June 26th, 2010

books in a stack

What price ebooks?

I got a Kindle 1 (the original Kindle) early in November of 2008. Since then I have read approximately 50 books and dozens of short stories on it or its successor, my Kindle 2. I have not read any print books and very few magazines since I got a Kindle. I just don't want to go back to carrying around a chunk of paper, remembering where I put the thing down, and making sure I have it with me when I get a moment to read. I used to read more when I was younger, and it has been a long time sinec I read more than 25 books a year. The convenience of the Kindle, the abundance of free ebooks, and the free sample feature have won me over to eReaders completely.

I have bought print books, but only ones written by my friends, so that they could sign them. I also bought a Kindle copy (sometimes I had to wait for it) whenever I wanted to actually read the book.

Now, I didn't actually pay for all those books. Some of them were free, for one reason or another. But I paid for a lot of them, and except for my husband, who know owns the Kindle 1, I can't share them with anyone. I can't sell them. I can't even give them to charity. That's the main reason I think ebooks should be cheaper than print books. Lower cost to the publishers is another reason. I will concede most of the cost of the book isn't in the printing and binding, but some of it is. So, if a publishers has a hardback version of a book out, I can see the ebook costing more than I would expect to pay for a paperback. What I can't see is a book being out in mass market paperback at $7.99 while the Kindle version is $9.99. Check out The New Space Opera 2 the anthology edited by Gardener Dozois and Jonathan Strahan. It came out from Eos in mass market in March of this year and it's $7.99. The Kindle edition of the same book is $9.99 from HarperCollins ebooks, and it came out in June of 2009.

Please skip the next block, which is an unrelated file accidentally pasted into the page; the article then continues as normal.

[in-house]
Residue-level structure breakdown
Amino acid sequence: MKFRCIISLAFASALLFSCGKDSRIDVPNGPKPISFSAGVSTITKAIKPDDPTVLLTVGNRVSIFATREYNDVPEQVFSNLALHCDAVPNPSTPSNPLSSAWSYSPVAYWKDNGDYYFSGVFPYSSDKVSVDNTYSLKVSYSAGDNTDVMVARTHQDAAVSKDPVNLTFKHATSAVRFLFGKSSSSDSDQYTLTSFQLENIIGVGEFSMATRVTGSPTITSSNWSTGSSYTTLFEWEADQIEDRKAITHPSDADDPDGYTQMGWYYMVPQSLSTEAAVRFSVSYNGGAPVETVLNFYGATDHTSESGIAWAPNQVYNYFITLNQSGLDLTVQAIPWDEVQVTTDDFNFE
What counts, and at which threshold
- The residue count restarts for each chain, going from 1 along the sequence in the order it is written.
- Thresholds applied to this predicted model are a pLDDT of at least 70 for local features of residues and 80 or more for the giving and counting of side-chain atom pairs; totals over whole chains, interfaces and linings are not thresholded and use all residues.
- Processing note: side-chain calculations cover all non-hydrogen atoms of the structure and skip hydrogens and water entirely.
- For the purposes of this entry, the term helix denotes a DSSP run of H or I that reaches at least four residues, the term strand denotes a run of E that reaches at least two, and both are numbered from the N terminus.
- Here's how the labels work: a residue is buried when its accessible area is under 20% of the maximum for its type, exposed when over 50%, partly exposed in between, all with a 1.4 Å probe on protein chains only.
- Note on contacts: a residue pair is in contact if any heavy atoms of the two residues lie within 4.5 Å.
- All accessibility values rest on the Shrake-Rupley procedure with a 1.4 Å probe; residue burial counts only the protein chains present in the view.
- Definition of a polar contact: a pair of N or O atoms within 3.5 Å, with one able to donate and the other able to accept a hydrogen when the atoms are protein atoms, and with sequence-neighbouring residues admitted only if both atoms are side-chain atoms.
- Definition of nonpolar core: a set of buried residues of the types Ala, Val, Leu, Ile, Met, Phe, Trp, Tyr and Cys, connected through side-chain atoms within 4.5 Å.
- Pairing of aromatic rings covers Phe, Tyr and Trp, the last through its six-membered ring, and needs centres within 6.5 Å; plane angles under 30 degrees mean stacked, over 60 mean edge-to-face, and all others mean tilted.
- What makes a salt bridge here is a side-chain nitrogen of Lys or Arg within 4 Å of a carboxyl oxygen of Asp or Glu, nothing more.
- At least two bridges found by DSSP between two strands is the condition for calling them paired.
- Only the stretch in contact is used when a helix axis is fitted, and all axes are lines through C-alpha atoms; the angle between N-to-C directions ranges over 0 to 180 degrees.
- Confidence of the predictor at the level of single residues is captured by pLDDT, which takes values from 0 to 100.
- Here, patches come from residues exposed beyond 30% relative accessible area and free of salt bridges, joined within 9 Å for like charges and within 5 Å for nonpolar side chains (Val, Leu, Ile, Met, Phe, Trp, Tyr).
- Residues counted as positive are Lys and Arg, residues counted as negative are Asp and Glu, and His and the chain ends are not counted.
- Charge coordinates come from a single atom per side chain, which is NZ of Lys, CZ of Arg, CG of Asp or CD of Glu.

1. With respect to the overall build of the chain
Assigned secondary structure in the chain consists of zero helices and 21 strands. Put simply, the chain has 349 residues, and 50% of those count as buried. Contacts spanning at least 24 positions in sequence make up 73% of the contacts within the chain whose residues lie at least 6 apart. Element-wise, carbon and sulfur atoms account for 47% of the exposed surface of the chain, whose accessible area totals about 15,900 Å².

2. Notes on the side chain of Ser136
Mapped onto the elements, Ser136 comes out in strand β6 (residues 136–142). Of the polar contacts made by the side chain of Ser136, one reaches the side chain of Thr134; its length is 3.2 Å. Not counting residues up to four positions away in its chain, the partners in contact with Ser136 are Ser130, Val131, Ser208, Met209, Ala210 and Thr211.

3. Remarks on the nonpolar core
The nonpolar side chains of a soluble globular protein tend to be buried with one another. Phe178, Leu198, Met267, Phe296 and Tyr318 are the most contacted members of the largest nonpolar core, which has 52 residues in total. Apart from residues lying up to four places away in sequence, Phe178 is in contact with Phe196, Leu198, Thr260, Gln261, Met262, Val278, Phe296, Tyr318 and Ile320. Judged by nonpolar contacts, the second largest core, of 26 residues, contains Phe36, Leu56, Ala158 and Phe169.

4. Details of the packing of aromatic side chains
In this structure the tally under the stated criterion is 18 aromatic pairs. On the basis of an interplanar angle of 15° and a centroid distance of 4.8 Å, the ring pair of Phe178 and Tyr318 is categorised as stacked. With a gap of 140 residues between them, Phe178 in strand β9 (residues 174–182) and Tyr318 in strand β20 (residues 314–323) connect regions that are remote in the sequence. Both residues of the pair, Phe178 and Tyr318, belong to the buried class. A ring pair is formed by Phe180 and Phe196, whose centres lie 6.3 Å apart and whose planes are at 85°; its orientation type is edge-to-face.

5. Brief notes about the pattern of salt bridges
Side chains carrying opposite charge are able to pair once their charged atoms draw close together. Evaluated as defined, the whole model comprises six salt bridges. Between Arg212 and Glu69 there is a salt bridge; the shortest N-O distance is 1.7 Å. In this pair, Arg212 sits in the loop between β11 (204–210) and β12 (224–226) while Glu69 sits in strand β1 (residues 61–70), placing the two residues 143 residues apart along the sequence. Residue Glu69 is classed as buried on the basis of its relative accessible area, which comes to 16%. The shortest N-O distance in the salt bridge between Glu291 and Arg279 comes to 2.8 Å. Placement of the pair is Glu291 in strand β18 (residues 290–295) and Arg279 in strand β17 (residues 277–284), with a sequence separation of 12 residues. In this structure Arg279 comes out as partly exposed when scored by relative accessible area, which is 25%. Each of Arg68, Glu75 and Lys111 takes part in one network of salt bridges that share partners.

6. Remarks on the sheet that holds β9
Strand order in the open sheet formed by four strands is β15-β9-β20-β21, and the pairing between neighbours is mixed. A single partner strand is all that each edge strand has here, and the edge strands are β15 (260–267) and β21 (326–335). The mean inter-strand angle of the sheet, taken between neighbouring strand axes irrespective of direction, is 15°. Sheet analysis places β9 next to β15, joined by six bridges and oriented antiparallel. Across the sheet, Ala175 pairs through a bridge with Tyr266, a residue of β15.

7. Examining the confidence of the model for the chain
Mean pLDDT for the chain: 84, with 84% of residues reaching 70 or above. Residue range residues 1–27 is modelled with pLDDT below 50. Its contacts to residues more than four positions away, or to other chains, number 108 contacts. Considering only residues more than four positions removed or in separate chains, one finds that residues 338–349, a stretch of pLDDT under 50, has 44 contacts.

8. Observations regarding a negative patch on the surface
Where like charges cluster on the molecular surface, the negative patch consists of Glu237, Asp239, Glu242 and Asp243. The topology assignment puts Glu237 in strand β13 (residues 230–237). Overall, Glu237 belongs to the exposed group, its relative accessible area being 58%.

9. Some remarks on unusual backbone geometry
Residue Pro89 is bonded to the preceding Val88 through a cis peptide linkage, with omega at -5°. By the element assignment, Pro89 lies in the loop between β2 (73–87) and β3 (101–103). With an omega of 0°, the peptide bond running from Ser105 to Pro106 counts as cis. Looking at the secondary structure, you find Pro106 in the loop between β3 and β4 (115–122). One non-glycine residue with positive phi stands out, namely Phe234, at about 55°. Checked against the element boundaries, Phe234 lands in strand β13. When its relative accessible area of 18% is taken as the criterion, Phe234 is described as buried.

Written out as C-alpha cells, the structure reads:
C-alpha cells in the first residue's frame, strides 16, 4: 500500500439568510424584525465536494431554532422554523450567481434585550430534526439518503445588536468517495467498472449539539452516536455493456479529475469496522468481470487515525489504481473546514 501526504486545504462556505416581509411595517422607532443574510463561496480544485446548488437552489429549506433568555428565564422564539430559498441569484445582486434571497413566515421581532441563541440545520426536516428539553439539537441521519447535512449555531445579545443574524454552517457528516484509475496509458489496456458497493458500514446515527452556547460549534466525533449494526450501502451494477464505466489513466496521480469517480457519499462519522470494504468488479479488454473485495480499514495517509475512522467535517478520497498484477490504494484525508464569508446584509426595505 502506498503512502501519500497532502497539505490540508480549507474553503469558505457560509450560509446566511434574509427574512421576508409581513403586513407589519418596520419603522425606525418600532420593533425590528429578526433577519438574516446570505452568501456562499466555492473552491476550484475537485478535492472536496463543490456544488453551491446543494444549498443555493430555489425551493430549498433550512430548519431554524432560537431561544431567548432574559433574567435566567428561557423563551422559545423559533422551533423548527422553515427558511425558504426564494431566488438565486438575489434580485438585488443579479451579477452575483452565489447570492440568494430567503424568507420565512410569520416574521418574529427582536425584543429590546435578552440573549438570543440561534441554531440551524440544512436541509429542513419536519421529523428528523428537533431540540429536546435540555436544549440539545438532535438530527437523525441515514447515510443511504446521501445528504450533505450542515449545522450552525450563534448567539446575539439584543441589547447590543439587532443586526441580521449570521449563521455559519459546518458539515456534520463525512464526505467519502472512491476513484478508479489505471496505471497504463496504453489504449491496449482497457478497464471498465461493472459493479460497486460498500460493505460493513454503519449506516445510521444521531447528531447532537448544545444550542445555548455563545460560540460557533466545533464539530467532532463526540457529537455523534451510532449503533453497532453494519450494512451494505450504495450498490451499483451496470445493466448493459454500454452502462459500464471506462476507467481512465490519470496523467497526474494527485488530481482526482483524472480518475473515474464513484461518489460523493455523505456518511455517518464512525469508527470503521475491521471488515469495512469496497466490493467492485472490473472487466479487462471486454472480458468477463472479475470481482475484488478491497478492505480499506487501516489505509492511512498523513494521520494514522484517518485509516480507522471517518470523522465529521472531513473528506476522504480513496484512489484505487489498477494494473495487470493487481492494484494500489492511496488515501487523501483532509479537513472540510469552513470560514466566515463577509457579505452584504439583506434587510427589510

This book just won the Locus Award for Best Anthology and I am so not buying it at $9.99. I don't know if it's a deliberate attempt to keep ebook sales low or if it's just plain negligence, but publishers are not doing a good job of pricing ebooks in a way that will bring them revenue. The Amazon page for the Kindle version says "price set by publisher." Must be "set it and forget it."

What publishers need to do is take advantage of the fact that ebooks don't have a price printed on the covers. Go ahead and price it high while the hardback is out, but bring it down as the book ages. If they were smart, they would pressure Amazon to build a function into the online store so that the customer could click a button that says, "Buy this Kindle book when price drops to _____." Le the customer fill in the price. Maybe the price would be so low, it wouldn't be reached for three or four years. But when the book did hit that price, the customer would get the book and the publisher would finally get some money.

"Price set by publisher" should not mean "Price set artificiality high by publisher because they don't know what they're doing."

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